For more than a half-century, downtown’s Munger Tolles & Olson has defied the geographic expansion that many of the firm’s big law competitors used as a mechanism for growth. Outside of its home base in Los Angeles, the firm had only opened one other office, in San Francisco.

That changed last week.

Munger announced that Donald Verrilli Jr., solicitor general for President Barack Obama’s administration since 2011, would spearhead the formation of a Washington, D.C., office.

“Getting to open an office is a huge opportunity,” Verrilli said. “Hopefully I’ll get to put my stamp on it and leave something meaningful behind.”

Verrilli, who before his government service was a partner with Jenner & Block, will be joined in the D.C. office by Michael DeSanctis, a former Jenner managing partner, and Chad Golder, former deputy associate attorney general.

Despite the small initial footprint, Verrilli, who resigned as solicitor general in June, said the Munger brand and support structure would allow the office to take on any case.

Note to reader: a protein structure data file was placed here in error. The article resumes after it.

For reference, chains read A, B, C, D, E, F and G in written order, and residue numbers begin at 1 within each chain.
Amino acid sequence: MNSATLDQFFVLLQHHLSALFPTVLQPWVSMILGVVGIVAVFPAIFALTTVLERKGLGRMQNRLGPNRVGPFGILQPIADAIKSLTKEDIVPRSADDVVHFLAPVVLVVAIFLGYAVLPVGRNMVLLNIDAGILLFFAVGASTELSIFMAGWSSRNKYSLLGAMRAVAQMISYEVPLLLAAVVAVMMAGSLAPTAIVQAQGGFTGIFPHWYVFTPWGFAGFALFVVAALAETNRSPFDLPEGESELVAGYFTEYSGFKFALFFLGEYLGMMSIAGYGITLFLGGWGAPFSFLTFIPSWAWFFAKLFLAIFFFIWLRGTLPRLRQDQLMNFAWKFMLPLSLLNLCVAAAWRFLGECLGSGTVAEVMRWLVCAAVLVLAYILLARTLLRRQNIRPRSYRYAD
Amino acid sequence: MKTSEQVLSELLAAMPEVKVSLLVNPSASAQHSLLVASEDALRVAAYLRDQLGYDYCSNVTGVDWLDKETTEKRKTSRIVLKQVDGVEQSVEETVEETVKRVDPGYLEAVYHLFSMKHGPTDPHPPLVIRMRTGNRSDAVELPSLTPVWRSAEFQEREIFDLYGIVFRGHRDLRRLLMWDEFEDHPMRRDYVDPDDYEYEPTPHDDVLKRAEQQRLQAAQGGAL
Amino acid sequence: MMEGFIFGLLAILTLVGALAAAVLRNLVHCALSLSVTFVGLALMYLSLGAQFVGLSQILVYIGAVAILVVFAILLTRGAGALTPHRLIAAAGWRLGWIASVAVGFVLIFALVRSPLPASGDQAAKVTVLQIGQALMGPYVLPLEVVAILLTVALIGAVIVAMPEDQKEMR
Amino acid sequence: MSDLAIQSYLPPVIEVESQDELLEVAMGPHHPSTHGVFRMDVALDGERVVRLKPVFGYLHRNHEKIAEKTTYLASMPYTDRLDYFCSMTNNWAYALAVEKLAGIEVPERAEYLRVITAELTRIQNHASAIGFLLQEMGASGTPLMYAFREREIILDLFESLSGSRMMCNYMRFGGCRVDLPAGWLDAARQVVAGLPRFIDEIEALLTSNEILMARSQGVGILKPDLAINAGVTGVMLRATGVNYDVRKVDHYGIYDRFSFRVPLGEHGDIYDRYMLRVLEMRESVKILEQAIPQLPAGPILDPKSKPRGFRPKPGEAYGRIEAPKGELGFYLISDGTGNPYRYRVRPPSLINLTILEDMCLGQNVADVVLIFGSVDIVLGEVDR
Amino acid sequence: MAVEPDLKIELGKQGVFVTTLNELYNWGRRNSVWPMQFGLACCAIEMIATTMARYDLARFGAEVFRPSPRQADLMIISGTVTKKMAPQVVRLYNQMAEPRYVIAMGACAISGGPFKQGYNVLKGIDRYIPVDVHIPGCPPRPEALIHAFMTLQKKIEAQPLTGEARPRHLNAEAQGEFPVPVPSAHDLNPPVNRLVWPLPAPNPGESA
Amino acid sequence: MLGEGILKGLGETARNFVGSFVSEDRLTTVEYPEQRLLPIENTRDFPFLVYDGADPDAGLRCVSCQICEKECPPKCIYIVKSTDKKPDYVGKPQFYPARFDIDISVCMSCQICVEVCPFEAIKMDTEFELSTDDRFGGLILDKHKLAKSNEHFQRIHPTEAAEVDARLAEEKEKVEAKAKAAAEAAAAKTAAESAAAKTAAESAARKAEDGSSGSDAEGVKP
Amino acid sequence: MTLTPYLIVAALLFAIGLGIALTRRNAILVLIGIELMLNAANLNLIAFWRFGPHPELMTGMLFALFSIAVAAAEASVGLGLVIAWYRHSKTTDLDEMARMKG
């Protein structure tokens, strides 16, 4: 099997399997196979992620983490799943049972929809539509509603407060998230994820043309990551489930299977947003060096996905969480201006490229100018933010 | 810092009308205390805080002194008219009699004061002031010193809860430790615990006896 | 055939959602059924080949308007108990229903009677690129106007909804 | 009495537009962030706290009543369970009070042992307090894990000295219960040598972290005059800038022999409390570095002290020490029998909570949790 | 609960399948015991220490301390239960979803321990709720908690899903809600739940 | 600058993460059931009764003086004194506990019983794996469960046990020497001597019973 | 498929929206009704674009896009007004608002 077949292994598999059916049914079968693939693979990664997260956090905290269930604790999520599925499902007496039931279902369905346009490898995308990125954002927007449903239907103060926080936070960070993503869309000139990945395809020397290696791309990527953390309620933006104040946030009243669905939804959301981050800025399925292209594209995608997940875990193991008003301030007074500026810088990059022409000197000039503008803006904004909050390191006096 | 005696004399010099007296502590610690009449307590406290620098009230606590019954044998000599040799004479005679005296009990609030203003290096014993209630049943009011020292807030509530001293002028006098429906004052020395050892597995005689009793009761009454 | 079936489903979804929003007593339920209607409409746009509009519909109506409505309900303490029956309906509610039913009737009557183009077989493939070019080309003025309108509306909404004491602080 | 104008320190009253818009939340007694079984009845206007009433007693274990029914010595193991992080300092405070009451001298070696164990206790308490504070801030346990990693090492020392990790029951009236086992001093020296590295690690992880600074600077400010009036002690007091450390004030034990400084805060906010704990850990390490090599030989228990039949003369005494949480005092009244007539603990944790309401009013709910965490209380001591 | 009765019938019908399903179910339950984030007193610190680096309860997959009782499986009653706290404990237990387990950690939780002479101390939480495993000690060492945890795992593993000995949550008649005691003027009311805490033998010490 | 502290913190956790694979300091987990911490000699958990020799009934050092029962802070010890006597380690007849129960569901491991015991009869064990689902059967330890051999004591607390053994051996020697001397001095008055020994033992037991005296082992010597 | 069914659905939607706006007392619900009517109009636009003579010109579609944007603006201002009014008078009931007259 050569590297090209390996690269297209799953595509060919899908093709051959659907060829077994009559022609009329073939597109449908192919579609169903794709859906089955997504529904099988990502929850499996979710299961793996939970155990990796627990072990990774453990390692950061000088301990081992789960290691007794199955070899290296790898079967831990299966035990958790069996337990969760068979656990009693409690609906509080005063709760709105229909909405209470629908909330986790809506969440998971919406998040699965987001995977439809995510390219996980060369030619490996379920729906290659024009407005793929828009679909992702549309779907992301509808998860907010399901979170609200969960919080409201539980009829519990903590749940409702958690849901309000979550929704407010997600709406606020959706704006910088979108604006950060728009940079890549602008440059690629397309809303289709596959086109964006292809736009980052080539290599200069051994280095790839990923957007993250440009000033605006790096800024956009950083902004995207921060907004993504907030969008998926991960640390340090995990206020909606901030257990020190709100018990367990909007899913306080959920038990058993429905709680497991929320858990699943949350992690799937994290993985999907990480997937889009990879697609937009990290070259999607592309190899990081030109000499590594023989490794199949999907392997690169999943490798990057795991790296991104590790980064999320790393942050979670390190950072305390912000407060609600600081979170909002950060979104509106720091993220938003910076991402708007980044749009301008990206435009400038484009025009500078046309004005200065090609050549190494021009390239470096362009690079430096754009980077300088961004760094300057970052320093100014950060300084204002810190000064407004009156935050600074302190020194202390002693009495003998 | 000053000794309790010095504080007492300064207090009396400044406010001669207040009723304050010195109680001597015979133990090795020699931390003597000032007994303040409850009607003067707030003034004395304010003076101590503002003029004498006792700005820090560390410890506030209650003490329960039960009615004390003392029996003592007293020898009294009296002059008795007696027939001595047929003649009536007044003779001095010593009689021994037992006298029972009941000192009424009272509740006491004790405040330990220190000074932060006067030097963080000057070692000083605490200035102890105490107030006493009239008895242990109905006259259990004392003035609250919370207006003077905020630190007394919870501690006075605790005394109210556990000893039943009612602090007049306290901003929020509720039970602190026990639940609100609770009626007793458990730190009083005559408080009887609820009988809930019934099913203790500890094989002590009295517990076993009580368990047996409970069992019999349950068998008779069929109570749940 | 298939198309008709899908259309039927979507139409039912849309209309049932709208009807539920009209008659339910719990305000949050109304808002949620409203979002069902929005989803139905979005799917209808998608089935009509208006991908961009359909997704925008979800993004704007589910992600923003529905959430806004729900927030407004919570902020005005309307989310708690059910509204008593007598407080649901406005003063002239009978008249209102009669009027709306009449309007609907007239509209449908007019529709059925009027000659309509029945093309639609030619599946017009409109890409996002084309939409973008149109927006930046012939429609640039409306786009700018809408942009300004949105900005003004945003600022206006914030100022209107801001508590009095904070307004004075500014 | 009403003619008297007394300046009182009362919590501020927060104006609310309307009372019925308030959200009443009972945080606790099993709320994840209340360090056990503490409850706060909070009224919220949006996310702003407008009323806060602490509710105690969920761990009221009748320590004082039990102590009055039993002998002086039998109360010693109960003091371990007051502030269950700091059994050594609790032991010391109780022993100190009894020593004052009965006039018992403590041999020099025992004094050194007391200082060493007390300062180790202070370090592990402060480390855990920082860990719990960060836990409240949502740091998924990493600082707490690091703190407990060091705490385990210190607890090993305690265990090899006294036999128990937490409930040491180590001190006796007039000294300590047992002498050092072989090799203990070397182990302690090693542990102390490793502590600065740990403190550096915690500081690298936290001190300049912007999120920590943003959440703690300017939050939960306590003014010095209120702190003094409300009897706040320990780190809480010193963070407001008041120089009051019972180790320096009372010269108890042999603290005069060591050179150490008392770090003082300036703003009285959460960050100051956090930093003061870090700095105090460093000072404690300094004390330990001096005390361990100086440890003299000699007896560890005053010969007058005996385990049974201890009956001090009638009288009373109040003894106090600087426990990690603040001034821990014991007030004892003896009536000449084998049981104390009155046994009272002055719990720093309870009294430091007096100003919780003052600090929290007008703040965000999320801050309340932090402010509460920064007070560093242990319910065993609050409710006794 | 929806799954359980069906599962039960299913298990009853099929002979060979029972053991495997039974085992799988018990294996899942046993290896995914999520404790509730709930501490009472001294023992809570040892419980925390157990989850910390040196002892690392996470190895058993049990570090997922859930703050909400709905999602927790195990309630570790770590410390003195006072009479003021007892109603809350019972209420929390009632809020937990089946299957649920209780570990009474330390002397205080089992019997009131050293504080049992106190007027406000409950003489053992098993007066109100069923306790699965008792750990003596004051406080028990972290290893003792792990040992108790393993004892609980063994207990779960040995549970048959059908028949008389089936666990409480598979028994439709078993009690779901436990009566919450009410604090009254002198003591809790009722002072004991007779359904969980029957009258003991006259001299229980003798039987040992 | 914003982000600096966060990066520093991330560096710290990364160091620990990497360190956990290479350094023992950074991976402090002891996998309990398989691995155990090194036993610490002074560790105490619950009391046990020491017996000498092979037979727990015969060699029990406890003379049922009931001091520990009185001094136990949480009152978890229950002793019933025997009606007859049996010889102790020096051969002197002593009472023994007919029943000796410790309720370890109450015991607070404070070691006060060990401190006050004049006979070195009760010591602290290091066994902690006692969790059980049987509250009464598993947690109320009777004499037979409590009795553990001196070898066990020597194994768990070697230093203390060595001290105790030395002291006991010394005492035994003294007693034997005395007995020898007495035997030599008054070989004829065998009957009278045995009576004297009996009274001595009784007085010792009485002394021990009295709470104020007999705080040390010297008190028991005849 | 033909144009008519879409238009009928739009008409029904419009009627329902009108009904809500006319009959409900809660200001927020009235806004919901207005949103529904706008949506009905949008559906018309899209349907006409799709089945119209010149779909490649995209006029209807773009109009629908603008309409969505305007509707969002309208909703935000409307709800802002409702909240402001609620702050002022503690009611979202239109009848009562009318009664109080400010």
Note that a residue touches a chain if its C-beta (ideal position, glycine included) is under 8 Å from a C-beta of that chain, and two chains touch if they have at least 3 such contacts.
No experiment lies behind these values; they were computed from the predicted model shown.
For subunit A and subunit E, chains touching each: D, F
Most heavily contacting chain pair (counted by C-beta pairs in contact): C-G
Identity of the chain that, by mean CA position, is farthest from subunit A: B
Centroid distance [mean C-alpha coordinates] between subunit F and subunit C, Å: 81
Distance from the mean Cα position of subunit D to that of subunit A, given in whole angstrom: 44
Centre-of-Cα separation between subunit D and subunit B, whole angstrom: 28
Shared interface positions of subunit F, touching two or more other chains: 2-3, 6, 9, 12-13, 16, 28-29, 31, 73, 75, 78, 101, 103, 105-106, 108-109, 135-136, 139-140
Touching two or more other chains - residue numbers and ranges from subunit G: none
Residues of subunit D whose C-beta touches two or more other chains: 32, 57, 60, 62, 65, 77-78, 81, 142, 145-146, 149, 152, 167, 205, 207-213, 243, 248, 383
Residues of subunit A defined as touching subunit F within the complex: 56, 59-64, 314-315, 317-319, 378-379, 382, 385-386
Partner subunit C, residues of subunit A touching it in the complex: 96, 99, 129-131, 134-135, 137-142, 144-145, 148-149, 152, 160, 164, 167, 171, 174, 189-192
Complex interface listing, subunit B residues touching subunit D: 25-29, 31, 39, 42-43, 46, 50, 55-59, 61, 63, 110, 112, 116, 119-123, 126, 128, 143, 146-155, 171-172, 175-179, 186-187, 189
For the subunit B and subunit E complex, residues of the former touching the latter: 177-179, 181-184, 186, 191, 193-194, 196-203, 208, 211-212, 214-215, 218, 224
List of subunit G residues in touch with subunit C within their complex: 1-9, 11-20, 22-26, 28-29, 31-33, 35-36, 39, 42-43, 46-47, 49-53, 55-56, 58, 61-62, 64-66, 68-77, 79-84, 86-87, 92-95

“Munger is an ideal platform for the type of practice I want to have now,” he said. “They bring lean teams of incredible lawyers to solve complex problems. It’s a perfect match.”

Brad Brian, Munger’s co-managing partner, said the firm was still giddy about landing Verrilli. The recruitment started immediately after Verrilli argued his last case as solicitor general and that multiple partners flew out to meet him in D.C. during the recruitment period.

“We try and hire the most talented lawyers in the country and when we saw he was leaving the government we thought, Hey, this guy fits the bill!” Brian said.

The firm doesn’t have a formal plan for how the D.C. office will grow, but Brian likened it to Munger’s San Francisco branch, which now houses 40 attorneys, compared with seven in 1991.

“The San Francisco office opened 25 years ago and grew organically and we see that as a good model,” Brian said.

Given Verrilli’s expertise, the office will almost certainly feature a strong appellate practice and likely vault Munger into the realm of elite firms that argue regularly in front of the Supreme Court. However, Brian said that it won’t be a one-dimensional office.

“There’s no doubt that Don will attract some Supreme Court and appellate cases, but we don’t see this as an appellate boutique branch of the firm,” Brian said. “People view us as problem-solvers and the type of work (Verrilli, DeSanctis, and Golder) do is very much in line with that mentality.”


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